Just like so many others in the Washington,D.C. area, Fred Lee Valentine is excited about the World Series coming to town. ” I've been following them all year,” says Valentine of the Washington Nationals. ” It's a blessing that they have made it this far, when they weren't even thought of to make it to […]

Just like so many others in the Washington,D.C. area, Fred Lee Valentine is excited about the World Series coming to town.

” I've been following them all year,” says Valentine of the Washington Nationals. ” It's a blessing that they have made it this far, when they weren't even thought of to make it to the playoffs earlier this season. All of a sudden, (Washington) couldn't do no wrong. Good relief pitching made a big difference.”

Washington baseball is something Valentine knows a thing or two about.

During his seven seasons in the major leagues, Valentine logged parts of five of them with the then American League Washington Senators in the 1960's. With the District hosting its first World Series games since 1933, former big leaguers with ties to the region are watching with envy. However, those from Washington's baseball past are watching from afar.

” They (Nationals) haven't reached out”, according to Valentine, who 51 years ago played in his last MLB game with the Baltimore Orioles.

No offers of tickets to games at Nationals Park, no throwing out a ceremonial pitch, no acknowledgement of Washington's baseball past. Valentine, a switch hitter who threw right-handed and an outfielder by trade, is among the other former Senators forgotten by the current Washington baseball club. Ignoring the Senators appears to be an on-going theme for years.

” There have been conversations going on about having reunions with former Senators, but nothing so far. A lot of people ask in D.C. about having us all together. There's Frank Howard and Jim Hannan, they live in Virginia; they're close,” said Valentine during a telephone interview on Friday from his D.C. home – a 12 minute drive to Nationals Park.

However, Valentine harbors no ill will in not being in attendance for the Nationals' three home World Series games. There are many happy memories playing in front of crowds at RFK Stadium, where the Nationals played their first three seasons (2005-'07).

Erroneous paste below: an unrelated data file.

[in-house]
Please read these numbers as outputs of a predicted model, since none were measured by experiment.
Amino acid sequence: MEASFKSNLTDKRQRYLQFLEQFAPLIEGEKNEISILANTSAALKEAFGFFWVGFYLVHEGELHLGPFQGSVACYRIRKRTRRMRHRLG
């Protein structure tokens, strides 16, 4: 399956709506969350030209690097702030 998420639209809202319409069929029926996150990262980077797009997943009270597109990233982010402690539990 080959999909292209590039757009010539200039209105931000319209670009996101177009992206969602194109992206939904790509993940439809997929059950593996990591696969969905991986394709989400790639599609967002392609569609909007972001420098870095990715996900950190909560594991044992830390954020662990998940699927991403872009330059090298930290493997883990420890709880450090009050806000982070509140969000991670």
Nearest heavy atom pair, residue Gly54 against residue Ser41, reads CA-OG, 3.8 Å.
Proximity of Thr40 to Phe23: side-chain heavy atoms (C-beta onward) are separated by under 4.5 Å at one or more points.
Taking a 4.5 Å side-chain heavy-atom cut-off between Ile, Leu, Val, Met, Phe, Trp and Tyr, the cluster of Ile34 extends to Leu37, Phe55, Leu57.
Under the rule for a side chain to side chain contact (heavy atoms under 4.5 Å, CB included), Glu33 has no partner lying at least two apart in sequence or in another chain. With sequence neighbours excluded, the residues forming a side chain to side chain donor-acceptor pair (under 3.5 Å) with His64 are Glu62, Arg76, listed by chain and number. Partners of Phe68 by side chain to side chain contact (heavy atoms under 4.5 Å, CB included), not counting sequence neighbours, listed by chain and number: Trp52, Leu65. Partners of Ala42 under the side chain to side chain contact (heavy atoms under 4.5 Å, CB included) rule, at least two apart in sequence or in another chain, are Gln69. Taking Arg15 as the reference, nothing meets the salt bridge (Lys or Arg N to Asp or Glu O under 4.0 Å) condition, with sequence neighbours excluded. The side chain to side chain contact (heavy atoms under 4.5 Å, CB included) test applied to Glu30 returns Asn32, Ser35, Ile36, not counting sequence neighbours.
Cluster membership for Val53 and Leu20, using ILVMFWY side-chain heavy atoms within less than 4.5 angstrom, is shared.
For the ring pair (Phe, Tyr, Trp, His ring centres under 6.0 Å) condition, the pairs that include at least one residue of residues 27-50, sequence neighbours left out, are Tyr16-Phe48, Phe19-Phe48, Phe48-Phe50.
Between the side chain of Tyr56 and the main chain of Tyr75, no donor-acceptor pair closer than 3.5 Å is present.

Valentine, who came up in the Baltimore Orioles' organization as a 24-year-old in 1959, and returned to the club during the 1963 season, had his contract purchased by Washington just after a season (1963) that saw them lose 106 games.

” Hodges (Senators' manager Gil Hodges) was the best manager that I played for in my career. You couldn't find a better person. You wanted to give him 110 percent each time you put on the uniform,” explains Valentine, who roomed on Washington road trips with Chuck Hinton during the 1964 season.

When pressed for a favorite memory while with the Senators, Valentine doesn't hesitate. Belting a grand slam in a game against the Los Angeles Angels, before the hometown RFK fans, on July 25, 1966.

” I always had good games against Los Angeles,” remembers Valentine, now 84, and married for more than 50 years to his wife Helena.

Playing for the Orioles and Senators, clubs located within 40 miles of each other, Valentine enjoyed living in the Baltimore-Washington metropolitan area so much that he has not left.

” At one time we thought about retiring to Florida. But, I met so many nice people locally, my wife and I stayed. This (D.C.) is a progressive area.”

In speaking of his former Senators' skipper, Valentine believes Hodges should be given more credit for the success of the organization's growth (1964-'67). Valentine tells of being involved with groups to promote Hodges' election into the National Baseball Hall of Fame in Cooperstown.

” Washington has always deserved a (baseball) team. It's a good sports town,” proclaims Valentine.